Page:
About INgene blog : First ever Indian Youth trend Insights blog

About INgene : First ever Indian Youth trend Insights blog:
This blog explores the detailed characteristics of Young-India and explains the finer & crucial differences they have with their global peers. The blog also establishes the theory of “adopted differentiation” (Copyright Kaustav SG,2007) and how the Indian & Inglodian youth are using this as a tool to differentiate themselves from the “aam aadmi” (mass population of India) to establish their new found identity.

The term youth refers to persons who are no longer children and not yet adults. Used colloquially, however the term generally refers to a broader, more ambiguous field of reference- from the physically adolescent to those in their late twenties.
Though superficially the youth all over the world exhibits similar [degree of] attitude, [traits of] interests & [deliverance of] opinion but a detailed observation reveals the finer differential characteristics which are crucial and often ignored while targeting this group as a valued consumer base. India is one of the youngest countries in the world with 60% of its population less then 24 years of age and is charted as the most prospective destination for the retail investment in the A. T. Kearney’s Global Retail Opportunity Report, 2007. With the first ever non-socialistic generation’s thriving aspiration & new found money power combined with steadily growing GDP, bubbling IT industry and increasing list of confident young entrepreneurs, the scenario appears very lucrative for the global and local retailers to target the “Youngisthan” (young-India). But, the secret remains in the understanding of the finer AIOs of this generation. The Indian youth segment roughly estimates close to 250million (between the ages of fifteen and twenty-five) and can be broadly divided (socio-psychologically) into three categories: the Bharatiyas, the Indians & the Inglodians (copyright Kaustav SG 2008). The Bharatiyas estimating 67% of the young population lives in the rural (R1, R2 to R4 SEC) areas with least influence of globalization, high traditional values. They are least economically privileged, most family oriented Bollywood influenced generation. The Indians constitute 31.5% (A, B,C, D & E SEC) and have moderate global influence. They are well aware of the global trends but rooted to the Indian family values, customs and ethos. The Inglodians are basically the creamy layers (A1,A SEC) and marginal (1.5% or roughly three million) in number though they are strongly growing (70% growth rate). Inglodians are affluent and consume most of the trendy & luxury items. They are internet savvy & the believers of global-village (a place where there is no difference between east & west, developing & developed countries etc.), highly influenced by the western music, food, fashion & culture yet Indian at heart.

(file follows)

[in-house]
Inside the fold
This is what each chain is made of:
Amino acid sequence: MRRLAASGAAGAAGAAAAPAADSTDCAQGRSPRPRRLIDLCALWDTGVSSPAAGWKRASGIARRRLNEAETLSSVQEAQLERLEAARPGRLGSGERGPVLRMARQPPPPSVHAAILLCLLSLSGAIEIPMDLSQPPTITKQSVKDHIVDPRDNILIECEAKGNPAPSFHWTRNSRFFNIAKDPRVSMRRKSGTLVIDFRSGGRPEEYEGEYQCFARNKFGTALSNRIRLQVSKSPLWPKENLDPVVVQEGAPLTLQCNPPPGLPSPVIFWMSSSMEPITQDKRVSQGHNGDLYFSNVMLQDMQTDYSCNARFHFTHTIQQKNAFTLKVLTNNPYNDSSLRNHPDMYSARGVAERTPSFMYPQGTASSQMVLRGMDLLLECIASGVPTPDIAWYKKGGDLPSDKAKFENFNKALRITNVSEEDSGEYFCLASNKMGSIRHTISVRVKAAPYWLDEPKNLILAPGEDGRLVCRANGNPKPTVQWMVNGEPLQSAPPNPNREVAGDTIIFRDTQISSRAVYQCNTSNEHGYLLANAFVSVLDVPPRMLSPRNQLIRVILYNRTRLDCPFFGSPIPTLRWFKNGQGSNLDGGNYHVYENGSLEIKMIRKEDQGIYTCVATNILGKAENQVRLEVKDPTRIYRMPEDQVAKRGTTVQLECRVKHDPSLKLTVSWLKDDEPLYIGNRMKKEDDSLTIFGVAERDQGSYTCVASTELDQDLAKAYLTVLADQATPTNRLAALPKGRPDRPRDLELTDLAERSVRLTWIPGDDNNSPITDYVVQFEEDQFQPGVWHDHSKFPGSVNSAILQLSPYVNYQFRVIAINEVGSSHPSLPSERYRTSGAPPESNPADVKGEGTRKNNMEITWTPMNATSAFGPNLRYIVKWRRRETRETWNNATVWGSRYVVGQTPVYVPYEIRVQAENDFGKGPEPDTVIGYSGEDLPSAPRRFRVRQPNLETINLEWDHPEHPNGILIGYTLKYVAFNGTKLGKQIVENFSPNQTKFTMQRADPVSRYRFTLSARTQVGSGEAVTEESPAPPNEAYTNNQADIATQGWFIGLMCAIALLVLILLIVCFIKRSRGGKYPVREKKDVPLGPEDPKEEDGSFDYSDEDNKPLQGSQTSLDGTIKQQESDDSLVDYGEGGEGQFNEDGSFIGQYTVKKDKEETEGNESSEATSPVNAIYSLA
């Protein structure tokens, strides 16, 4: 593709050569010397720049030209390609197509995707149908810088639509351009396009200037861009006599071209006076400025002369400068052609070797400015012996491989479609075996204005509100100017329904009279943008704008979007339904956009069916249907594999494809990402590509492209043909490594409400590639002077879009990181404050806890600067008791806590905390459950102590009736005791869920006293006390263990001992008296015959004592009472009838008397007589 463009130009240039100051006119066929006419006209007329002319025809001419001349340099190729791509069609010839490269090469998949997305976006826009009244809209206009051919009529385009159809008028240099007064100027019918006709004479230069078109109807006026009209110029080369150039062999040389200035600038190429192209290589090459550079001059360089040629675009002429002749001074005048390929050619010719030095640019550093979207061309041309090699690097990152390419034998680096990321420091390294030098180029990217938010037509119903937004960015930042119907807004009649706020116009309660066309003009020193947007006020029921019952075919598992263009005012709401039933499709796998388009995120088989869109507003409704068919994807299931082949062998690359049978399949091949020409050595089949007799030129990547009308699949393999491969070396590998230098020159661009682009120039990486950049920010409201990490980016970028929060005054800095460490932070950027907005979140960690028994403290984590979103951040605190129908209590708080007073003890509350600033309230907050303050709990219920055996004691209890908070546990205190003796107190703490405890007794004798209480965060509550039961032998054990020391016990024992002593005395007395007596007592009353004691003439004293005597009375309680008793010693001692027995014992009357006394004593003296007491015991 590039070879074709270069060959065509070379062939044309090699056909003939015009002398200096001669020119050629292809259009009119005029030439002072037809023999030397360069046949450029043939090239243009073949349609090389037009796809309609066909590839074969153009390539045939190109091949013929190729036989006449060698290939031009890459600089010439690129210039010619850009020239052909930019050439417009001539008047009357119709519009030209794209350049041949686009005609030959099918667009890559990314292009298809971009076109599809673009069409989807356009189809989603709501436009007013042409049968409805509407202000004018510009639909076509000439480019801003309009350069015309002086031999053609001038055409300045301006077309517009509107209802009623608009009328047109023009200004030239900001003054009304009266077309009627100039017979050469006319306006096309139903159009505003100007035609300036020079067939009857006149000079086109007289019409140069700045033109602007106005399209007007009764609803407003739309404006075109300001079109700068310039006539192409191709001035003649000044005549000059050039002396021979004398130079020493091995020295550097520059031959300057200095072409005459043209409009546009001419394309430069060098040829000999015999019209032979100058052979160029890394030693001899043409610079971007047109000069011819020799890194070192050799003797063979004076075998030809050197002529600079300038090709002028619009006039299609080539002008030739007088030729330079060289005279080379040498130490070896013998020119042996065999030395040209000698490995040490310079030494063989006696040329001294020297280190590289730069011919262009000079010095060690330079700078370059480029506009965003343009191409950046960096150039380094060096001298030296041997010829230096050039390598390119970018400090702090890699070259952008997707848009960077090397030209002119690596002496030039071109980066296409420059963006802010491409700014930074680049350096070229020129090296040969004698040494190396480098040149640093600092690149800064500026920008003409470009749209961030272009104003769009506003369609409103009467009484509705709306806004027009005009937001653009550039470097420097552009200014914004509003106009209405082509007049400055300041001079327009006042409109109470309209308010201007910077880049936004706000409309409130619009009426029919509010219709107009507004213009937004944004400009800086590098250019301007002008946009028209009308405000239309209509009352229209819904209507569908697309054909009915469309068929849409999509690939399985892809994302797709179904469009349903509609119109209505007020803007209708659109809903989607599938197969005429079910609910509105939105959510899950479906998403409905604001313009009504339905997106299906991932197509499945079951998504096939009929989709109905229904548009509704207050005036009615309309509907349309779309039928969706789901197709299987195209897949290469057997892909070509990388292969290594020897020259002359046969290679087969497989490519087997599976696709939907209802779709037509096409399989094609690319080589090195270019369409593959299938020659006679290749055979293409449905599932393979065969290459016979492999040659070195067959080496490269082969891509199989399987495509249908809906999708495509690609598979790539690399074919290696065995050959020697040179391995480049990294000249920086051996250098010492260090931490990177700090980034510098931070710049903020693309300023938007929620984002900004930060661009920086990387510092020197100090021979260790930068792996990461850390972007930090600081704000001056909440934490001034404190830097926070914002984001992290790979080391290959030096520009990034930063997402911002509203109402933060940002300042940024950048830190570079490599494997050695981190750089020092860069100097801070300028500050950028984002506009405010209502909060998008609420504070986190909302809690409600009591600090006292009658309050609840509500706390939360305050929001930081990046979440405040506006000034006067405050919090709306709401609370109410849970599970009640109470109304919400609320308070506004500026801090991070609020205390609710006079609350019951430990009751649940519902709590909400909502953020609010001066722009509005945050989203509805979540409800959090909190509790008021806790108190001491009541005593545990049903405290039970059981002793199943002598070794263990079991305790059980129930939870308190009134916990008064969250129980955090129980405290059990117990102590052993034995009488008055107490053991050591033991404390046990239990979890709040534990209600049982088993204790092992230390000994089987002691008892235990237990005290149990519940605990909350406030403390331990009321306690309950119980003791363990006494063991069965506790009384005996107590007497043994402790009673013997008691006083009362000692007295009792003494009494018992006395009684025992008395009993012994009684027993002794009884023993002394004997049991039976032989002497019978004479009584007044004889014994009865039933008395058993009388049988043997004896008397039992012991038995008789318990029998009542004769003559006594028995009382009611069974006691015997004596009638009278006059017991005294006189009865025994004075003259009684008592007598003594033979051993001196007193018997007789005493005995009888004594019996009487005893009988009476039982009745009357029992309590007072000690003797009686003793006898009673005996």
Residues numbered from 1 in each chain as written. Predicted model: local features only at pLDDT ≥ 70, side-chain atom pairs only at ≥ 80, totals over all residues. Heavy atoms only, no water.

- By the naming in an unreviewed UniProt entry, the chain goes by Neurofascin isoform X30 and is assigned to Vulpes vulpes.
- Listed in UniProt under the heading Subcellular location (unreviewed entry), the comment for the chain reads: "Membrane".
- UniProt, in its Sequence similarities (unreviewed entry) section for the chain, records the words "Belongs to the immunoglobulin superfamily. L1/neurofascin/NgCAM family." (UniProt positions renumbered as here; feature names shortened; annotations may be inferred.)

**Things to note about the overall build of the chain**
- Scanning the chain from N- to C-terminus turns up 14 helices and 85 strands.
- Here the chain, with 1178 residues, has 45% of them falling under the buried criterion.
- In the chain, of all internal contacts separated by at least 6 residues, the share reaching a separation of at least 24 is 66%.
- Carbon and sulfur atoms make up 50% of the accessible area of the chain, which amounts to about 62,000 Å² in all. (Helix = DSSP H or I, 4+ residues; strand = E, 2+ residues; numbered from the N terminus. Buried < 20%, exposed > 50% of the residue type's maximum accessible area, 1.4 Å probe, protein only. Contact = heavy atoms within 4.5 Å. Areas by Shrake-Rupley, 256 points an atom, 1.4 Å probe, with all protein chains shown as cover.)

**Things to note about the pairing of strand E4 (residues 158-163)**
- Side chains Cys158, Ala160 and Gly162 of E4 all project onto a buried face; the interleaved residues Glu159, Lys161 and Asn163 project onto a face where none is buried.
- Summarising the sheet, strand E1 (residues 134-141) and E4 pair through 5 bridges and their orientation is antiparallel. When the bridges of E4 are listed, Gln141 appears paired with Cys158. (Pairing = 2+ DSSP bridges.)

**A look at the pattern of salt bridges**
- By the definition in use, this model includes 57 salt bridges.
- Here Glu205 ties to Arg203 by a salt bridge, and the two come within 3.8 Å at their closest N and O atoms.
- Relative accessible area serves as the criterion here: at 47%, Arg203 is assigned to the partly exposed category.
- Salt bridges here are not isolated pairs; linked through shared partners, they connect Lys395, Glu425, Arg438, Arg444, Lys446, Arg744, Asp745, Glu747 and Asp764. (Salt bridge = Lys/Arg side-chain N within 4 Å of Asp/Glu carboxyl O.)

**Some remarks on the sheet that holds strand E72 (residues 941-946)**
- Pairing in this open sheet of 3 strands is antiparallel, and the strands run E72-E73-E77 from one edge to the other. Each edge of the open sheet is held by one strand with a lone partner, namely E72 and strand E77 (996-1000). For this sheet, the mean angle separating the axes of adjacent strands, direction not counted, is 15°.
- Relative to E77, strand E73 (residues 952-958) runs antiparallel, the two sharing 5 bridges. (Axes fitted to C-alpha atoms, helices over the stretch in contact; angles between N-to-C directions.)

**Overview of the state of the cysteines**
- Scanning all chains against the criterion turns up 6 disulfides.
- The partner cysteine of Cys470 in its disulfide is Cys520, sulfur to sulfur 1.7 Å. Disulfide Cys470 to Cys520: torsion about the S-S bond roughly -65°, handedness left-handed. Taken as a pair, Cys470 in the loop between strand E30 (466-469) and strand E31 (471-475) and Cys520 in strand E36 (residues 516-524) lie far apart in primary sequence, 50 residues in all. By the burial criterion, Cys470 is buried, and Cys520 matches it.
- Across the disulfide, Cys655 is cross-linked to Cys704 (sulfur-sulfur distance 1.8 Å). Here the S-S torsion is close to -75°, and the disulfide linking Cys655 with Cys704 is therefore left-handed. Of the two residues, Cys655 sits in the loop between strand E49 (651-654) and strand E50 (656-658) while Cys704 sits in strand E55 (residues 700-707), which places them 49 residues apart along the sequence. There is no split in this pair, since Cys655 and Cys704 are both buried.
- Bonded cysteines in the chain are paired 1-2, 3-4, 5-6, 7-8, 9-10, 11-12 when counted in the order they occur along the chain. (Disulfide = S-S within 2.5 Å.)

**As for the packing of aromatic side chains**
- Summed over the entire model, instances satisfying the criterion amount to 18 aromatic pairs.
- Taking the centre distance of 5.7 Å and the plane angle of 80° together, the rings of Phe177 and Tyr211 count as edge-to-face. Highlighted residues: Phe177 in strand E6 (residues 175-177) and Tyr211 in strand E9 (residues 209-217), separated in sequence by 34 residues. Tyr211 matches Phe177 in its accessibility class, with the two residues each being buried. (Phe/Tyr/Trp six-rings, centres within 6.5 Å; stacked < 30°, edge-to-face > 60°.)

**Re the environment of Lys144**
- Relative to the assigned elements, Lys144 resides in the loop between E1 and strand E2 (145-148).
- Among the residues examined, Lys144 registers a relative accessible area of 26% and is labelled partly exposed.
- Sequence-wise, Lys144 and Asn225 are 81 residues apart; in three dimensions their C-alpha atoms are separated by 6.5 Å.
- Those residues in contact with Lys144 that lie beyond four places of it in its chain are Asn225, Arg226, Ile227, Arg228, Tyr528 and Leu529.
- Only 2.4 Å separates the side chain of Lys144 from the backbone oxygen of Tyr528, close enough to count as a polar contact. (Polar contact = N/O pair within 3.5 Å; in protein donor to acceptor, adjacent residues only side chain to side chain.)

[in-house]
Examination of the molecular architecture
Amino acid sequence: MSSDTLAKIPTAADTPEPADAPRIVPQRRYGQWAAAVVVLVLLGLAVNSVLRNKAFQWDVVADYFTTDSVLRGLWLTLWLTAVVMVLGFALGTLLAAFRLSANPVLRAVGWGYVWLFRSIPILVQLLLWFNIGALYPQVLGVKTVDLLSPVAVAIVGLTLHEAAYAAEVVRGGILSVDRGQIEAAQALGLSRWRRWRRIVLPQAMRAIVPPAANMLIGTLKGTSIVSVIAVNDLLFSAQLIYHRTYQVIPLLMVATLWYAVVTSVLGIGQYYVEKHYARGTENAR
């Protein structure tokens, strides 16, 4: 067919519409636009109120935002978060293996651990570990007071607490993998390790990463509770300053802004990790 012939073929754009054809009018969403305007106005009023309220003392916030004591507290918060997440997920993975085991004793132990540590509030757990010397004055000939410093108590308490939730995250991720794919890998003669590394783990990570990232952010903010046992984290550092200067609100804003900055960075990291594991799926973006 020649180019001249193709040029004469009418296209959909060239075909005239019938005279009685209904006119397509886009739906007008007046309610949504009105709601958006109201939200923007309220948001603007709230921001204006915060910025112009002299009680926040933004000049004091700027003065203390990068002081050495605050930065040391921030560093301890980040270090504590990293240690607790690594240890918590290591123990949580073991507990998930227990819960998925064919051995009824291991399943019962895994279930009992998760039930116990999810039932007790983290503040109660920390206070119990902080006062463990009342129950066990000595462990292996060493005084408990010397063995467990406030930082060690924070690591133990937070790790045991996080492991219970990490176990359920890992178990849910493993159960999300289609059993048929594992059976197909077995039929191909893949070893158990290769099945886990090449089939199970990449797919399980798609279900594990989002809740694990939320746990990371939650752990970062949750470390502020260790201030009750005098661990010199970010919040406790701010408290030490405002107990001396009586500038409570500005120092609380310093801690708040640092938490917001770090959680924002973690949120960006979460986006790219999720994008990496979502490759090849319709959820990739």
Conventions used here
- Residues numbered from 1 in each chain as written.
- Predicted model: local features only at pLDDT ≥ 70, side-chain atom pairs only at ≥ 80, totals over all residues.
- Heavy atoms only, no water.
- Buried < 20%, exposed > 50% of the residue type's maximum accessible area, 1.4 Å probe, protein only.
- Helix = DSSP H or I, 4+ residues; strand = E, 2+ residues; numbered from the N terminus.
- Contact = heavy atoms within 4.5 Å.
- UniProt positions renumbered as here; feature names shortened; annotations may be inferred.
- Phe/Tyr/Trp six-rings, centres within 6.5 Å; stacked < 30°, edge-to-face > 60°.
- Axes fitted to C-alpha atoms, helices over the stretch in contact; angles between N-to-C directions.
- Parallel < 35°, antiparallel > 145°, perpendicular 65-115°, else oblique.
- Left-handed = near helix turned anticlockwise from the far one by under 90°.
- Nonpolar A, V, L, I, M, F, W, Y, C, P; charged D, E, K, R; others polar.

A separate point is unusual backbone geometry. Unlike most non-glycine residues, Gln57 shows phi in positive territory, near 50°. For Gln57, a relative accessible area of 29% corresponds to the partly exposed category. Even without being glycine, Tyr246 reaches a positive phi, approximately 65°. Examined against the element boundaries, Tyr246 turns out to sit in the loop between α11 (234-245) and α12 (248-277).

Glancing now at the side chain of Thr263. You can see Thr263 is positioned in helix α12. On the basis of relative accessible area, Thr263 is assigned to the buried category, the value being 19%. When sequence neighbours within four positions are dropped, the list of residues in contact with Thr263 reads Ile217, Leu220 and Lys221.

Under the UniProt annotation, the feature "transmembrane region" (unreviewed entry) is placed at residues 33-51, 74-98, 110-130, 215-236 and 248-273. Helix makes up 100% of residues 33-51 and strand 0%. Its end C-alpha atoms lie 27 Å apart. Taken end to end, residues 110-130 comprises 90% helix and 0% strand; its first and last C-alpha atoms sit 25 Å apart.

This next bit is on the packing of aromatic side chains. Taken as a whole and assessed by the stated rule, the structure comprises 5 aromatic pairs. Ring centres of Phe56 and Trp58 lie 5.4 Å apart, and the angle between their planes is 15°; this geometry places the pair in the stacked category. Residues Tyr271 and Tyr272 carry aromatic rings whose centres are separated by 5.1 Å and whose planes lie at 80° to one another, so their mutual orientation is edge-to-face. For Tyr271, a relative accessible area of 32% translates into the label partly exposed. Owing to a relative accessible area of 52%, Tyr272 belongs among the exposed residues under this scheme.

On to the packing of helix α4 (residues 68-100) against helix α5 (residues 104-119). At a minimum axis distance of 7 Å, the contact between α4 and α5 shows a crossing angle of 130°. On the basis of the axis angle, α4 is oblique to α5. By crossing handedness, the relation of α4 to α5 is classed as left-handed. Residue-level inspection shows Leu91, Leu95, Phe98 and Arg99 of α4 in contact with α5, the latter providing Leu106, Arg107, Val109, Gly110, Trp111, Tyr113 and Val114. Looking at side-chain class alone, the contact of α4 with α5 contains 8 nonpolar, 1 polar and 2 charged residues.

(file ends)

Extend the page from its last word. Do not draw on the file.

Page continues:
Tuesday, February 24, 2009

The politicization of Slumdog and so on...

Indian politicians will never reform (or far beyond from getting reformed at this age..ahh..as you know, most of them are actually hanging over the grave…and rest are too busy to fill their pockets…).

The politicization of Slumdog being inaugurated by Congress. I don’t know how many of them (the Netas) have seen the movie which is not portraying the “Achieving India” but the darker side (hope they dont consider the darker side itself as achievement) of it and how the grass root Indians are crossing barriers with their own ambition, hope and intelligence WITHOUT the help from Govt. or politicians…

and actually none of them bothered about Rahman or Resul till day before...the achievement of ARR is again a story of Slumdog...and if seen there's million of such stories alive in this country...where the govt. or party proved no hand of help but the sheer determination and struggle of individual…anybody is curious to know why ARR changed his religion?...he was Dilipkumar earlier…

Have a look what Congress spokesperson stated:

Oscar wins are a proof of "Achieving India" in UPA rule:Cong